What Is It?
The dividend yield expresses dividends paid over the last year as a percentage of a company's share price. It is calculated by dividing dividends paid over the prior 12 months by the company's current share price.
Why Does It Matter?
Firstly, it matters to income-seeking investors. That's because they want to maximize their income, and a relatively high dividend yield should help them to do so. Secondly, it provides an indication of the relative value of a company's shares. For example, if shares in a company have a dividend yield that is higher than the market average (or their historical average), it may indicate that shares are cheap and offer good value at current price levels.
What About GE?
As highlighted in the chart below, GE's (NYSE:GE) dividend yield currently stands at 3.3%. This is 73% higher than the yield of the S&P 500, which shows that GE is a relatively attractive income play when compared to the wider index. Indeed, GE's yield is also considerably higher than the industrial goods sector (in which GE sits), with it having a yield of 1.69% and meaning that GE's yield is 95% higher than that of its sector peers. In addition, being above 3%, GE's yield is among the higher end of S&P 500 yields at a time when interest rates are at historic lows and look set to be for the foreseeable future. As a result, GE could be viewed as a relatively attractive income play at current price levels.
Furthermore, GE's significantly higher yield relative to its sector and index could present an alpha opportunity due to the scope for share price rises. That's because, as mentioned, a higher yield could indicate superior value and, in GE's case, we believe it does.
As the above chart shows, GE's yield has fluctuated significantly over the last year. It has been as low as 2.15% at the start of 2014, while the current level of 3.3% is equal to its one-year high. The reason for the fluctuation in dividend yield appears to be share price movements, as shown in the chart below.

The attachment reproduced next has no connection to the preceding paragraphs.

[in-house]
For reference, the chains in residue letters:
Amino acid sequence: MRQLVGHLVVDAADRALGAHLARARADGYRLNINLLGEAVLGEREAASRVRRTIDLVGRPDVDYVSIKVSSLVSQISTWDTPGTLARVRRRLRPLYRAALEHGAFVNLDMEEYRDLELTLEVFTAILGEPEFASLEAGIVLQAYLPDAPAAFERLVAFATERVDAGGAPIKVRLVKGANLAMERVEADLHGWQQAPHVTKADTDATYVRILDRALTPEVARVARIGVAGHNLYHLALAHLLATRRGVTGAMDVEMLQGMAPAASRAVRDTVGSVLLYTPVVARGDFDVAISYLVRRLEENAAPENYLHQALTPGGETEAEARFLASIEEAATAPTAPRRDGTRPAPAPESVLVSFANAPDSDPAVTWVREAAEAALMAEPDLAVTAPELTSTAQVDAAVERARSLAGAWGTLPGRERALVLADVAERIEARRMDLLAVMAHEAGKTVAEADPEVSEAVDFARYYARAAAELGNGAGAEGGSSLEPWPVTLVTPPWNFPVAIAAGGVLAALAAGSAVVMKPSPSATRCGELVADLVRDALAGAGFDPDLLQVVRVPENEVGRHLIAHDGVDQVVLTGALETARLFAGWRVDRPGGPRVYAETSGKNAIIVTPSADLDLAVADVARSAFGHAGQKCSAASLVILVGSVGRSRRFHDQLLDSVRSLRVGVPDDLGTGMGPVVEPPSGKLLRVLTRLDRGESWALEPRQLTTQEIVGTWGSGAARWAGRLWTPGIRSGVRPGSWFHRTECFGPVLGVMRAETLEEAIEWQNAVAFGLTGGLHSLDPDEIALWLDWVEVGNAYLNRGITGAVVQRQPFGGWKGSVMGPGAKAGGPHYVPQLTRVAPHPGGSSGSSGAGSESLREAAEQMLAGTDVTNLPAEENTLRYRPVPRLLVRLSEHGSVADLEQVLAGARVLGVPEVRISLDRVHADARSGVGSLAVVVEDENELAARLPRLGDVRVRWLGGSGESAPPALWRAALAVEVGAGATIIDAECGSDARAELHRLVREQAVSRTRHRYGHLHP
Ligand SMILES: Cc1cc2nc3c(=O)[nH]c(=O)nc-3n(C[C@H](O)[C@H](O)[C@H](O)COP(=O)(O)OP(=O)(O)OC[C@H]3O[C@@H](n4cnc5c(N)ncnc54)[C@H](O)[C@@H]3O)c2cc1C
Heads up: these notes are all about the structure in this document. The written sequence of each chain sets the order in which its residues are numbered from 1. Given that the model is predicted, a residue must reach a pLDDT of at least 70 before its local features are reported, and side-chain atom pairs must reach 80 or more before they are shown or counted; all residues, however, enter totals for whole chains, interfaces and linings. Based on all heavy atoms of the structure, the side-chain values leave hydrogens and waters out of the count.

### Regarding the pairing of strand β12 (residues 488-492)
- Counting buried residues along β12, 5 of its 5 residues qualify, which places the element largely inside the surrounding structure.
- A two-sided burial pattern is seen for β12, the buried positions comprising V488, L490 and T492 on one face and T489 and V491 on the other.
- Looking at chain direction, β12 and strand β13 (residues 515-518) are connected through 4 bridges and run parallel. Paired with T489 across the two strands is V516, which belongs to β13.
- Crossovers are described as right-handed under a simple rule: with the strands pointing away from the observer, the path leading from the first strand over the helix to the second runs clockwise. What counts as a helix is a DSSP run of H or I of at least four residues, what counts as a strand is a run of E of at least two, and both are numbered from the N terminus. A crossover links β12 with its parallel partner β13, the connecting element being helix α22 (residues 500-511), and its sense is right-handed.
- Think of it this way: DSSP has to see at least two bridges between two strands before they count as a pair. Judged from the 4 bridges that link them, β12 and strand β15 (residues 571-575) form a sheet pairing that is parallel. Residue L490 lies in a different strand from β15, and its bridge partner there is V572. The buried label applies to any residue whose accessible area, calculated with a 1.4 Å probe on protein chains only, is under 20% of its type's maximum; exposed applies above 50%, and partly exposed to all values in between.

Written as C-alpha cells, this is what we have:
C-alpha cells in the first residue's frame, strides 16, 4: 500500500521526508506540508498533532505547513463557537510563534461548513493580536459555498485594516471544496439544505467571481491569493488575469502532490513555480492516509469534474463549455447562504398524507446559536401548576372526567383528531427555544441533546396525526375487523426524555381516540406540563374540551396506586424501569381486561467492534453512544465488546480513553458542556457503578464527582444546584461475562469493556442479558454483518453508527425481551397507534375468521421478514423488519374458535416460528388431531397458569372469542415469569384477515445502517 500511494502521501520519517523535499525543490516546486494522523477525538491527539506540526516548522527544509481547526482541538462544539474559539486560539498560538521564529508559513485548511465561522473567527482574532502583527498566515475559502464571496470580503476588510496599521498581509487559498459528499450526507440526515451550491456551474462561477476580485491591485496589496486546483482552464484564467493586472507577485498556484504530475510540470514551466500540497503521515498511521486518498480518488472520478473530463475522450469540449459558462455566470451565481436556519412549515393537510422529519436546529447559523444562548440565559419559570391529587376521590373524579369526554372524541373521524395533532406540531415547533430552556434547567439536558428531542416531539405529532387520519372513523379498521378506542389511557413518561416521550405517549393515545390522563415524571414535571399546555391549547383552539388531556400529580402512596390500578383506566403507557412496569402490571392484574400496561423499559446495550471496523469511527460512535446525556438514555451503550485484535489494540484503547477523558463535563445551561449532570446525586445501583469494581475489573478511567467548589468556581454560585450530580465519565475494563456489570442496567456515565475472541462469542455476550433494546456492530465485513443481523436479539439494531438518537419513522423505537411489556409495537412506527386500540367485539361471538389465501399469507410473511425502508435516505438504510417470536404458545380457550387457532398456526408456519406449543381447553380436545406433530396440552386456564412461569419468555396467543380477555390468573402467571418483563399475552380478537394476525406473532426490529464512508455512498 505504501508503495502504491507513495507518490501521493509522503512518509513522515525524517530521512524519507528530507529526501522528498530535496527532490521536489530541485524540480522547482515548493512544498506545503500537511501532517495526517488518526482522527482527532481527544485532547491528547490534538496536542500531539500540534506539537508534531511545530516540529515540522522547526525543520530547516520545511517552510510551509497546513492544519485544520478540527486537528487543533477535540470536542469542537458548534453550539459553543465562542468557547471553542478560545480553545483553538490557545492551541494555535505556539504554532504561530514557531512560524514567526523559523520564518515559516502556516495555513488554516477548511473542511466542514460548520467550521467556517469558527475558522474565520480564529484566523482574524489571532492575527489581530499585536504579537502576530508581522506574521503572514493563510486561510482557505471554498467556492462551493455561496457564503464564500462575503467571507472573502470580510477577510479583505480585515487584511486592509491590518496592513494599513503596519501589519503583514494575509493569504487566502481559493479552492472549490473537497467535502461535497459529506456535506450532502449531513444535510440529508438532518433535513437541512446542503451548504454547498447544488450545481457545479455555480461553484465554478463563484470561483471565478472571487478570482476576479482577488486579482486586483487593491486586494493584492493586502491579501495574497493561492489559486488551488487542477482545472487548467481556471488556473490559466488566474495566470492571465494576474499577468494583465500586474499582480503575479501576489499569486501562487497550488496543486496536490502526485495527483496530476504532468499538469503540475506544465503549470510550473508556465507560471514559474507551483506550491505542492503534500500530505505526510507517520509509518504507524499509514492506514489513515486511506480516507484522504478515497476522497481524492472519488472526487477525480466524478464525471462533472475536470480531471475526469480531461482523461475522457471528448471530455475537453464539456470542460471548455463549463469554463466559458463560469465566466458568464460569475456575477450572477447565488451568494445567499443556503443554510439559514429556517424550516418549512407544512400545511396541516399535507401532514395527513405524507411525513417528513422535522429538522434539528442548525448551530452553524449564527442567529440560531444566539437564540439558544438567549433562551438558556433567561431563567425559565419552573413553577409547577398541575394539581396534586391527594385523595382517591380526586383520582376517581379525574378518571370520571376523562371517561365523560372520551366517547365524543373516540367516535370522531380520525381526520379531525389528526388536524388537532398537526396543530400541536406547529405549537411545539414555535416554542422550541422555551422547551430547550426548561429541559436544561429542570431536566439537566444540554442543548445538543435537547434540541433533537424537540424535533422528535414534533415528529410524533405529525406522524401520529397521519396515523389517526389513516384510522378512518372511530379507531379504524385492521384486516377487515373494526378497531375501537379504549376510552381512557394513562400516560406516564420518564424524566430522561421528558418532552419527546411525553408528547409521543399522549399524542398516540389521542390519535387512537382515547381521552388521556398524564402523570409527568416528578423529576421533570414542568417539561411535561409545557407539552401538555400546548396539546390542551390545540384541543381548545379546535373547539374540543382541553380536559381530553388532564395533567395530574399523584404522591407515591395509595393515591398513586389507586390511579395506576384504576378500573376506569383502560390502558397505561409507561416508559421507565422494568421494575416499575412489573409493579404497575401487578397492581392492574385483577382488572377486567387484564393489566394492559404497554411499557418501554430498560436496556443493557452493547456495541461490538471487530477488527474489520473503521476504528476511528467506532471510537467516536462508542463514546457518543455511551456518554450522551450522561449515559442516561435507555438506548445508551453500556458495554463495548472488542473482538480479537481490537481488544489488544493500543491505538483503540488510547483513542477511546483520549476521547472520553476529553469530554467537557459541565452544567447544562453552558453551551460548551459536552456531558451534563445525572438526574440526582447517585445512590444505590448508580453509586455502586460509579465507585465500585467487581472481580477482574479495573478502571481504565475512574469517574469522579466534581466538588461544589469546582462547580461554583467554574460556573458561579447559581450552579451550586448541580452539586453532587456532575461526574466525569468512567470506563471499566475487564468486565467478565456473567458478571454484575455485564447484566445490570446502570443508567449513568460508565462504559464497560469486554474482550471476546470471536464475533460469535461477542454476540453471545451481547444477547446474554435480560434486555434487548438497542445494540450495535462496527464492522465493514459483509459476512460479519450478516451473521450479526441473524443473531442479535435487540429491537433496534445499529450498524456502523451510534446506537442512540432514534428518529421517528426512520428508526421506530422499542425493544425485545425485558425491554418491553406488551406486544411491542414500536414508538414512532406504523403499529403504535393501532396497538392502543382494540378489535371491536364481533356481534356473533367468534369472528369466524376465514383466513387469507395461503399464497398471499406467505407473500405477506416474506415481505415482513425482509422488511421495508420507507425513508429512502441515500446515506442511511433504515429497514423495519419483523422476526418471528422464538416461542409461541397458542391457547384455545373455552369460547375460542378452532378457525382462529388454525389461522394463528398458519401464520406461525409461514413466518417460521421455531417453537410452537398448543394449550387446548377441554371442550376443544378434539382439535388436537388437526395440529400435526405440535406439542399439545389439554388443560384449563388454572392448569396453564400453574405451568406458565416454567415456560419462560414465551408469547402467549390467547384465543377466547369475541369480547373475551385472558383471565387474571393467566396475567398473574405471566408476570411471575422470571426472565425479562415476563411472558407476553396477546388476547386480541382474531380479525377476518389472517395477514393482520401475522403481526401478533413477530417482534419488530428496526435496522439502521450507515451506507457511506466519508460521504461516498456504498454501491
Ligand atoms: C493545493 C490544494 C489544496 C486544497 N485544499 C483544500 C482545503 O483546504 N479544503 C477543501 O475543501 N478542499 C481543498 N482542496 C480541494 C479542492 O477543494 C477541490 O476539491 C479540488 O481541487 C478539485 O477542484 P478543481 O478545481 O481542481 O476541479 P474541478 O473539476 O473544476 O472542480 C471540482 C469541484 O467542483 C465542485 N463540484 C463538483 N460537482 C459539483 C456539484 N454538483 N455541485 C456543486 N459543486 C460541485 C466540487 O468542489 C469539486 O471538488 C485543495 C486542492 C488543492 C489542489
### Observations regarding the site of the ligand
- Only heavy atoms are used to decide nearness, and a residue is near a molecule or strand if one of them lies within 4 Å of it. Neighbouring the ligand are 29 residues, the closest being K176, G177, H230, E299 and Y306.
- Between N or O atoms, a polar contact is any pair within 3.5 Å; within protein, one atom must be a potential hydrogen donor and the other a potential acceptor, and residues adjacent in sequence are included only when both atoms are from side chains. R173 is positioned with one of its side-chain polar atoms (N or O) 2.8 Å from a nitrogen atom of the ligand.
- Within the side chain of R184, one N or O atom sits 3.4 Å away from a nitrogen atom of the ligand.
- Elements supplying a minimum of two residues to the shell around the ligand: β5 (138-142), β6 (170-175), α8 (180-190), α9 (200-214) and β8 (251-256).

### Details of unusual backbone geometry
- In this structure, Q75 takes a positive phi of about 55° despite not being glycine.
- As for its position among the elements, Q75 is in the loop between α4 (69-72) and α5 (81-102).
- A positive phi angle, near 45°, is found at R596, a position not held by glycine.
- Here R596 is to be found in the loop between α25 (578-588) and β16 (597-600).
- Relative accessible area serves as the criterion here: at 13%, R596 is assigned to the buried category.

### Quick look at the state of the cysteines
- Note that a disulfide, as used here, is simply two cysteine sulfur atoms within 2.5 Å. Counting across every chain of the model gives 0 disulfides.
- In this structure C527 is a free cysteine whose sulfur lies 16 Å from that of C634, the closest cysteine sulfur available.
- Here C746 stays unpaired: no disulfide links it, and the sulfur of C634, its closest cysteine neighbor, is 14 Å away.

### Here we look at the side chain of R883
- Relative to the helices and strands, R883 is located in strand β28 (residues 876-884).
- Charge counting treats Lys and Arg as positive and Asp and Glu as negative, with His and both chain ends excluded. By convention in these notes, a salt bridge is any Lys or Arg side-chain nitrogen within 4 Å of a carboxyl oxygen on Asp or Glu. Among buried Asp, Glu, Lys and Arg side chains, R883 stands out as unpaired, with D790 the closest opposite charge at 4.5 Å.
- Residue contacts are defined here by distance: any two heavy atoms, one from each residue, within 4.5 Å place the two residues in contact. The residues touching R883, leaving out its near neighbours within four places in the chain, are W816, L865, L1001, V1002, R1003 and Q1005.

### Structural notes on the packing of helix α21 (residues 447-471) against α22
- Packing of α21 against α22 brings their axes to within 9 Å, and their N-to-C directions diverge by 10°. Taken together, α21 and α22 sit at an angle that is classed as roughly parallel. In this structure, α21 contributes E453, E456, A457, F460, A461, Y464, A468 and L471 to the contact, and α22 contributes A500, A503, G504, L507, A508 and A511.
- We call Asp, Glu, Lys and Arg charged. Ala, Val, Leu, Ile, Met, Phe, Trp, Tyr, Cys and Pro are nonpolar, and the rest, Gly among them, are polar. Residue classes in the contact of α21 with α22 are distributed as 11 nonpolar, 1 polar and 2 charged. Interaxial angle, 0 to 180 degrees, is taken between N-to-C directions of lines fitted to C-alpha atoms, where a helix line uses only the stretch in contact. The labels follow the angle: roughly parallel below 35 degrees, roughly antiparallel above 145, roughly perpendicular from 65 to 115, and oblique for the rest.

The change in GE's share price has an inverse relationship to the company's dividend yield, with periods of share price strength causing the yield to fall and vice versa. Indeed, when looking at a longer time period (5 years), we can see that GE's yield has not remained consistently above the 3.3% level for long periods.
As the above chart shows, since 2010, GE's yield has only briefly been above the 3.3% level. That occurred in the latter part of 2011 and lasted for only a few months, before shares in the company moved upwards from $15.56 to around $20 in a matter of months. Although GE's yield is not at the 3.50% level at present, we believe it is at a level where there is the scope for shares in the company to move higher so as to suppress the yield below 3%. As such, we feel there could be an opportunity for share price gains as a result of a yield that is toward the top end of its medium-term range.
What Does This Mean For Investors?
We believe that with interest rates set to remain low until many months after the end of the Fed's monthly asset repurchase program, there could be an increased demand for higher-yielding stocks. Clearly, GE falls into this category, both on an absolute and a relative basis. In addition, GE's historical yield chart indicates that periods where the company's yield is at 3.3% or above are soon followed by upward movements in the share price. In the meantime, investors can pick up a great yield in a company that has upside potential.
GE's yield of 3.3% offers investors a relatively high level of income but, perhaps more importantly, offers the scope for alpha. We feel that the market will not allow the yield to go too much higher and may demand stock so as to keep GE's yield suppressed at or below the 3.3% level. As such, we think that GE could deliver gains going forward.
Feedback request: What do you think of GE? Would you buy, sell or hold right now? Please comment below!
Disclosure: The author has no positions in any stocks mentioned, and no plans to initiate any positions within the next 72 hours. The author wrote this article themselves, and it expresses their own opinions. The author is not receiving compensation for it (other than from Seeking Alpha). The author has no business relationship with any company whose stock is mentioned in this article.